Quick Sleep Tips for Truck Drivers

Roadway / Transportation, Safety Tips

The NHTSA has estimated that some 100,000 reported drowsy-driving crashes every year result in more than 1,500 deaths, 71,000 injuries and $12.5 billion in losses. Commercial drivers are at increased risk for drowsy driving because of their long hours and overnight schedules. But being awake more than 20 hours results in impairment equal to a blood alcohol concentration of 0.08, the legal limit in all states.

Sleepiness or Fatigue Creates:

  • Impaired reaction time, judgment and vision
  • Problems with information processing and short-term memory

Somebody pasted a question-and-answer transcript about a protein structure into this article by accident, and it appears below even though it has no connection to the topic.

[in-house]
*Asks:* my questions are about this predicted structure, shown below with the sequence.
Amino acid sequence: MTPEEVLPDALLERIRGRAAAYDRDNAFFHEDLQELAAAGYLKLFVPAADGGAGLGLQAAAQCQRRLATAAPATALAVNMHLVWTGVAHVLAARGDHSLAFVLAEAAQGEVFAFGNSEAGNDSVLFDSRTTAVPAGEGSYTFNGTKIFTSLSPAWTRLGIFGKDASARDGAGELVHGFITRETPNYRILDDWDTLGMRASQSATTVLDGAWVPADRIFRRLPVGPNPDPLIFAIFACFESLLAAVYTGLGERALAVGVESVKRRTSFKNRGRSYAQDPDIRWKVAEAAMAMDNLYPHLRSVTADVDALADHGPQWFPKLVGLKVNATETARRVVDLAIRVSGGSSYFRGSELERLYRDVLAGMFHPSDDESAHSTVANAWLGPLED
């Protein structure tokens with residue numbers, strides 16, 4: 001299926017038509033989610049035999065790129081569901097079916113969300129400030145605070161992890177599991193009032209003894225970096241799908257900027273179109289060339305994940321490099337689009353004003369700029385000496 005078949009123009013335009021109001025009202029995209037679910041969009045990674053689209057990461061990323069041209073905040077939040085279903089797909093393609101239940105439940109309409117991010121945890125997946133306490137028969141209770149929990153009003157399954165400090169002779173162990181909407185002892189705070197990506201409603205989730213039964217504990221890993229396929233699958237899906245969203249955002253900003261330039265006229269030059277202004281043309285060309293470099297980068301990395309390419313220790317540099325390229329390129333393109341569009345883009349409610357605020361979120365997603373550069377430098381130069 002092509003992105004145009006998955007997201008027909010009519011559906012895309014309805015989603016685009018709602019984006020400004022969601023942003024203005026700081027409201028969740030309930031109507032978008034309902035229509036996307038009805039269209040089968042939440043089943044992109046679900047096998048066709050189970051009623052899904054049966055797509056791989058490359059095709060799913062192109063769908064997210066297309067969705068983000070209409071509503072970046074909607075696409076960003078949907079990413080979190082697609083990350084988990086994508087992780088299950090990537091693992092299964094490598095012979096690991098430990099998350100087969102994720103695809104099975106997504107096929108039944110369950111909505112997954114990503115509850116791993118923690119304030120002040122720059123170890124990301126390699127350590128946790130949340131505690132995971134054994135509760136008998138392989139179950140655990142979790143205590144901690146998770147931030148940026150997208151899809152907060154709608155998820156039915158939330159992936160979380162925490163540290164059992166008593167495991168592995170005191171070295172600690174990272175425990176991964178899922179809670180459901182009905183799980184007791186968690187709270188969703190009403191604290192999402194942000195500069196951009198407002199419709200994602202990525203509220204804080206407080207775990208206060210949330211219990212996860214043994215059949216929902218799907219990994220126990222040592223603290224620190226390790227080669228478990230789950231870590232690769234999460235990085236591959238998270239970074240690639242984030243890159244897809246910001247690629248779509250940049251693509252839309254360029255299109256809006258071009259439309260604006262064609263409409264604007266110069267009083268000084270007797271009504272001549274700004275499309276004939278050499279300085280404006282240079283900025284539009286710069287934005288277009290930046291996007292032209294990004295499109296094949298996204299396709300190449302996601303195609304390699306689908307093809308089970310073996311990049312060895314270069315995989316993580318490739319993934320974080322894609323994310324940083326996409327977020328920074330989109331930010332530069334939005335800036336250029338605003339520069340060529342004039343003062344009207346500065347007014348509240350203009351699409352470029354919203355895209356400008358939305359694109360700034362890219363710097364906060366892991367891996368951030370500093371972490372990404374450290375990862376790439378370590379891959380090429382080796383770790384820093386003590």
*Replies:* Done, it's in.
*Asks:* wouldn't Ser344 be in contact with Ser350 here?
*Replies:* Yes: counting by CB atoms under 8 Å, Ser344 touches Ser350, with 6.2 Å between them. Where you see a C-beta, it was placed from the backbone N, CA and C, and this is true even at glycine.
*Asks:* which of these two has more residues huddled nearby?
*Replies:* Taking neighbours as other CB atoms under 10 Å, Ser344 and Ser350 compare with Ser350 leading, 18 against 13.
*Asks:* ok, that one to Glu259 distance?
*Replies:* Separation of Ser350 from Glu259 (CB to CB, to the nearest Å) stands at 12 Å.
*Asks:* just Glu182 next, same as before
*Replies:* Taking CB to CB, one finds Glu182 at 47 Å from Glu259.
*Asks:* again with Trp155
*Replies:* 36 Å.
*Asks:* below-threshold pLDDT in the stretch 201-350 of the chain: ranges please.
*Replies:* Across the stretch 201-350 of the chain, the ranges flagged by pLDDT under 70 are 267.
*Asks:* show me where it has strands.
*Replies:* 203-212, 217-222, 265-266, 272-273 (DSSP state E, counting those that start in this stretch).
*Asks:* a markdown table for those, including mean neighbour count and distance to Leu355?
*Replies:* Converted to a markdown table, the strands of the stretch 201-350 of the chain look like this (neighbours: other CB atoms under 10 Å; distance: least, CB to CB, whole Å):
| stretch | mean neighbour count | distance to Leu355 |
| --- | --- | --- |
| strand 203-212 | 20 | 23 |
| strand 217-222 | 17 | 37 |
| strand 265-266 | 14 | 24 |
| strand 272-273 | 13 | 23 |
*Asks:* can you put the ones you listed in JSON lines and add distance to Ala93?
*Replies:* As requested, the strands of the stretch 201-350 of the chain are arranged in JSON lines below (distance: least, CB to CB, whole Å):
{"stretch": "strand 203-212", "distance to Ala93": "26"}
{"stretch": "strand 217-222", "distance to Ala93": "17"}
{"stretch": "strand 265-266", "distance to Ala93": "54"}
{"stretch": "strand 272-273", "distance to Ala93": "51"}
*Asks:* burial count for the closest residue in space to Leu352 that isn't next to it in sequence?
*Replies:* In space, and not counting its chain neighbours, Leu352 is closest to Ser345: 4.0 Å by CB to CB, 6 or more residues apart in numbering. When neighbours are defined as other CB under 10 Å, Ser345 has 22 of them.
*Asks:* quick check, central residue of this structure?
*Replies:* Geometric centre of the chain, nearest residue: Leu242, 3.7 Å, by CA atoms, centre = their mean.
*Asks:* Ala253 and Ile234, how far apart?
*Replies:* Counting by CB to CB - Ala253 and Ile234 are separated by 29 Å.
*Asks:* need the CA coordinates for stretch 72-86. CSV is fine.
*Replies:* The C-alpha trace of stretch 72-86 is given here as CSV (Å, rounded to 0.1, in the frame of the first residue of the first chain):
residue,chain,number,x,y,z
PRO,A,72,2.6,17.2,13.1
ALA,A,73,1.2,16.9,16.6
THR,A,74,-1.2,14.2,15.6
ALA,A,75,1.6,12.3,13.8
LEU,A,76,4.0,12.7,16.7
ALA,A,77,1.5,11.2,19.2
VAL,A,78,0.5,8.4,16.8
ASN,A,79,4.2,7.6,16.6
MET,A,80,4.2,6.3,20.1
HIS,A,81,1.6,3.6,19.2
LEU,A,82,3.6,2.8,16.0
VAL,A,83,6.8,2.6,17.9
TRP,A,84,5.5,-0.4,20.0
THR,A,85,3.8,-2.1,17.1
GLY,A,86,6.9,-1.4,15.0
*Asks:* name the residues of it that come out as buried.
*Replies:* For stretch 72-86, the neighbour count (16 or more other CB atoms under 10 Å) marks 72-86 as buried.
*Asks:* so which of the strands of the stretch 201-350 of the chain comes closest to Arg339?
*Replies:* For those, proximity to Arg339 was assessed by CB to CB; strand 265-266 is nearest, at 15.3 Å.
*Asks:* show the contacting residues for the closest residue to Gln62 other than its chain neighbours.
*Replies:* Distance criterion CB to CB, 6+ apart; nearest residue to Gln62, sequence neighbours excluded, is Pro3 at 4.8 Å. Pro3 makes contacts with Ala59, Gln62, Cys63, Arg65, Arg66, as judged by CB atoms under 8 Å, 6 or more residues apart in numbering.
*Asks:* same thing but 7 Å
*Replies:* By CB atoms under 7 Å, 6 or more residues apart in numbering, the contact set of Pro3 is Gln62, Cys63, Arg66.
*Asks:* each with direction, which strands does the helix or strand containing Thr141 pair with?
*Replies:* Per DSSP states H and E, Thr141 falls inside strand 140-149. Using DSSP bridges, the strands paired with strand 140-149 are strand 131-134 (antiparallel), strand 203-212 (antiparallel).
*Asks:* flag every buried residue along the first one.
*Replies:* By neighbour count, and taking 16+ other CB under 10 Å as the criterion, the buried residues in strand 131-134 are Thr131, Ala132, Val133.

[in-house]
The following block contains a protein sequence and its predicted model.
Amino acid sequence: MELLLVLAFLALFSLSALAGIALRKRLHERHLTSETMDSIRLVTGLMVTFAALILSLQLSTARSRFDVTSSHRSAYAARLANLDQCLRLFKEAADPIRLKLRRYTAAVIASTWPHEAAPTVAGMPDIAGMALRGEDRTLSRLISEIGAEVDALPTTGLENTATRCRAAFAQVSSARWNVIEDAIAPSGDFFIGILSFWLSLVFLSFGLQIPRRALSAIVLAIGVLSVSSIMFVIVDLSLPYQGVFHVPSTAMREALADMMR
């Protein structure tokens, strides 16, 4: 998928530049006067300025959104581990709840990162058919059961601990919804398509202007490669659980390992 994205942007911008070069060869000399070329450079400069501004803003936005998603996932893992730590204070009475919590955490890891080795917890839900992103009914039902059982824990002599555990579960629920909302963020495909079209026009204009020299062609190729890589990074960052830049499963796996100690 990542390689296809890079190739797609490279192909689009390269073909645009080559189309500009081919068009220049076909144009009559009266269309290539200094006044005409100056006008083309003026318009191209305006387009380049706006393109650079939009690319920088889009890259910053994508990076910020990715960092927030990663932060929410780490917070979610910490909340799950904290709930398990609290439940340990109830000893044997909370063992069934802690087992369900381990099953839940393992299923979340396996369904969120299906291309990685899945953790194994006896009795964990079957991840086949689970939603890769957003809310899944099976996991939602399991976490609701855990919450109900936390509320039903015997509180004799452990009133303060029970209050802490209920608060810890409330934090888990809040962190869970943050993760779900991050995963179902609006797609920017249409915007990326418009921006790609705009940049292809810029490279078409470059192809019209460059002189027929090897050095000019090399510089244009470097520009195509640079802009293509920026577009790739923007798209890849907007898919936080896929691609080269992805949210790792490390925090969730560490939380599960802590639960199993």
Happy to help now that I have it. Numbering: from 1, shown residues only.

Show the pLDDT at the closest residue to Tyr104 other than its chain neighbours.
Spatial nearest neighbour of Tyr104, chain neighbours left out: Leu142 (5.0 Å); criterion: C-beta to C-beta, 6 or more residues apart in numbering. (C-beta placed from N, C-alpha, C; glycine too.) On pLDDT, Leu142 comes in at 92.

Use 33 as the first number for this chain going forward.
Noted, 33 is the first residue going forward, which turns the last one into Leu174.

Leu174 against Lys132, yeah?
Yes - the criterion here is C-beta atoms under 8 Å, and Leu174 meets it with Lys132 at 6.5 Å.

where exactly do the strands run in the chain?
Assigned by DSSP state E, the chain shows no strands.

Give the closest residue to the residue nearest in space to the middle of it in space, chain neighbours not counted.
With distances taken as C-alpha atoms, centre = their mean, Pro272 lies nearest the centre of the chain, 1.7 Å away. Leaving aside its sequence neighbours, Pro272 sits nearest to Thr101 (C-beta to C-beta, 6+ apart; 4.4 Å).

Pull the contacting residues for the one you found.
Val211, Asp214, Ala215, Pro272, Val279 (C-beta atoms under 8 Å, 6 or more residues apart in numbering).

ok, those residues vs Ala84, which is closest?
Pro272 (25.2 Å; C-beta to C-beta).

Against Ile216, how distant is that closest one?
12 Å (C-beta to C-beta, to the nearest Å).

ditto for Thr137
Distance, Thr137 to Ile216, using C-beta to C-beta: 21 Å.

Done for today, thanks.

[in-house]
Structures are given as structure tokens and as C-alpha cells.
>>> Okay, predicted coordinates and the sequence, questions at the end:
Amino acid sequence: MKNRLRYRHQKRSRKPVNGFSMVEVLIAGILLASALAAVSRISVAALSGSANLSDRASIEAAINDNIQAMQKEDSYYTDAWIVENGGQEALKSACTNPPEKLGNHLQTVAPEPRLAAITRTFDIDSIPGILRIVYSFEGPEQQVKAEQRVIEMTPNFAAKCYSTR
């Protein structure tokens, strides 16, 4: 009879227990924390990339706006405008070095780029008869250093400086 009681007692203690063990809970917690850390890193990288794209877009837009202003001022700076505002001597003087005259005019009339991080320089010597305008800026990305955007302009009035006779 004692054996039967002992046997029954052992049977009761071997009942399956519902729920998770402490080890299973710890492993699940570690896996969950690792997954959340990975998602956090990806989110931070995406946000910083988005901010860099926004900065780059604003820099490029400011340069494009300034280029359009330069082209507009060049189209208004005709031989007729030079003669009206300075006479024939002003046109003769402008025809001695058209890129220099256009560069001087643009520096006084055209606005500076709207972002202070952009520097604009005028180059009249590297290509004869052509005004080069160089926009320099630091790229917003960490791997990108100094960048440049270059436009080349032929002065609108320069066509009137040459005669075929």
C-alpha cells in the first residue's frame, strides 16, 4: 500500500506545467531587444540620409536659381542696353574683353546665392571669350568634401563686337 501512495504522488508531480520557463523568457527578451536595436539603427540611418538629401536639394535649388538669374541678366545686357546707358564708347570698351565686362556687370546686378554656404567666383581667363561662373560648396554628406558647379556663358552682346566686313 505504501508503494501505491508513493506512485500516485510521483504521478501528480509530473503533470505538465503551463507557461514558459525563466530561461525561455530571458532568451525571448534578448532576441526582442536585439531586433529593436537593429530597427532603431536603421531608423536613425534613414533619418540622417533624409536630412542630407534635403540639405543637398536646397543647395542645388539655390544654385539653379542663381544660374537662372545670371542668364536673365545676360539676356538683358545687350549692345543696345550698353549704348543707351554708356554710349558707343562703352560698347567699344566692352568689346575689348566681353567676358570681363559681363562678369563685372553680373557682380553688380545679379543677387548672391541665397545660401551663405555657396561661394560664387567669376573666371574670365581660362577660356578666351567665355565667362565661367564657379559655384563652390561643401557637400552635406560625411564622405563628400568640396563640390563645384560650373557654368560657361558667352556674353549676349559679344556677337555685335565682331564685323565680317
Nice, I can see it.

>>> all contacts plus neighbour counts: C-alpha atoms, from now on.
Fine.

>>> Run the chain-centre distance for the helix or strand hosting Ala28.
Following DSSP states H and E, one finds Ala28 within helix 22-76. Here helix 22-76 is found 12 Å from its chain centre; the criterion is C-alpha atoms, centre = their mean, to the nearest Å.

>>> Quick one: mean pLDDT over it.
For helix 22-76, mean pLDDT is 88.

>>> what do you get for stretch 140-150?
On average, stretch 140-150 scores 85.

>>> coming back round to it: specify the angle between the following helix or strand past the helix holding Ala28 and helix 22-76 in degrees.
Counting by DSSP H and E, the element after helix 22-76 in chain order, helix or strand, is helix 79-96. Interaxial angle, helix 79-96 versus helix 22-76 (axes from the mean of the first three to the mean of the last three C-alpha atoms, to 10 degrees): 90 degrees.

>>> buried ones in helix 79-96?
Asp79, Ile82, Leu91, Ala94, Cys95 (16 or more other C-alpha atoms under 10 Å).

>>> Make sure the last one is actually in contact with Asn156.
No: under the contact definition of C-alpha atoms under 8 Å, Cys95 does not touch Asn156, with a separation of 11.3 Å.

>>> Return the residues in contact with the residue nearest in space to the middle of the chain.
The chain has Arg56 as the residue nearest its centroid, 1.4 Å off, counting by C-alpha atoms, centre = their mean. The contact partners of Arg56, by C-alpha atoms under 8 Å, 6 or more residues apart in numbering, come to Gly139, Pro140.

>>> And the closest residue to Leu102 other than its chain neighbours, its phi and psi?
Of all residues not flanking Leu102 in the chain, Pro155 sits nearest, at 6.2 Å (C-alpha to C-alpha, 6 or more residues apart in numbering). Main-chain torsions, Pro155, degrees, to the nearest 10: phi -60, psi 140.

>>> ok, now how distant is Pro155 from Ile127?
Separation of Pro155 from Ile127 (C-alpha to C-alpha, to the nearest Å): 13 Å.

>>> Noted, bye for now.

• Decreased performance, vigilance and motivation
  • Increased moodiness and aggressive behaviors

But drowsiness in the cab isn’t just related to how long a driver has been on the road.

Sleep quality off the job also plays a critical role. Better sleep will lead to better health and increased alertness. Poor sleep and lack of sleep make it more difficult to meet the demands of the job and increase the risk of drowsy driving – and crashes.

NIOSH and the CDC have published a brochure to help truck drivers get the sleep they need and understand the benefits of adequate sleep. The brochure explains how to create a relaxing bedtime routine and a good sleep environment, as well as what to avoid before bedtime. Drivers need to be aware of their own natural feelings of sleepiness, and try to plan stops and sleep breaks to match their natural sleep times.

A good night’s sleep can do more than just make you feel rested – it could keep you alive.


Drowsy driving crashes and near misses most often occur from:

  • Midnight-2 a.m.
  • 4-6 a.m.
  • 2-4 p.m.

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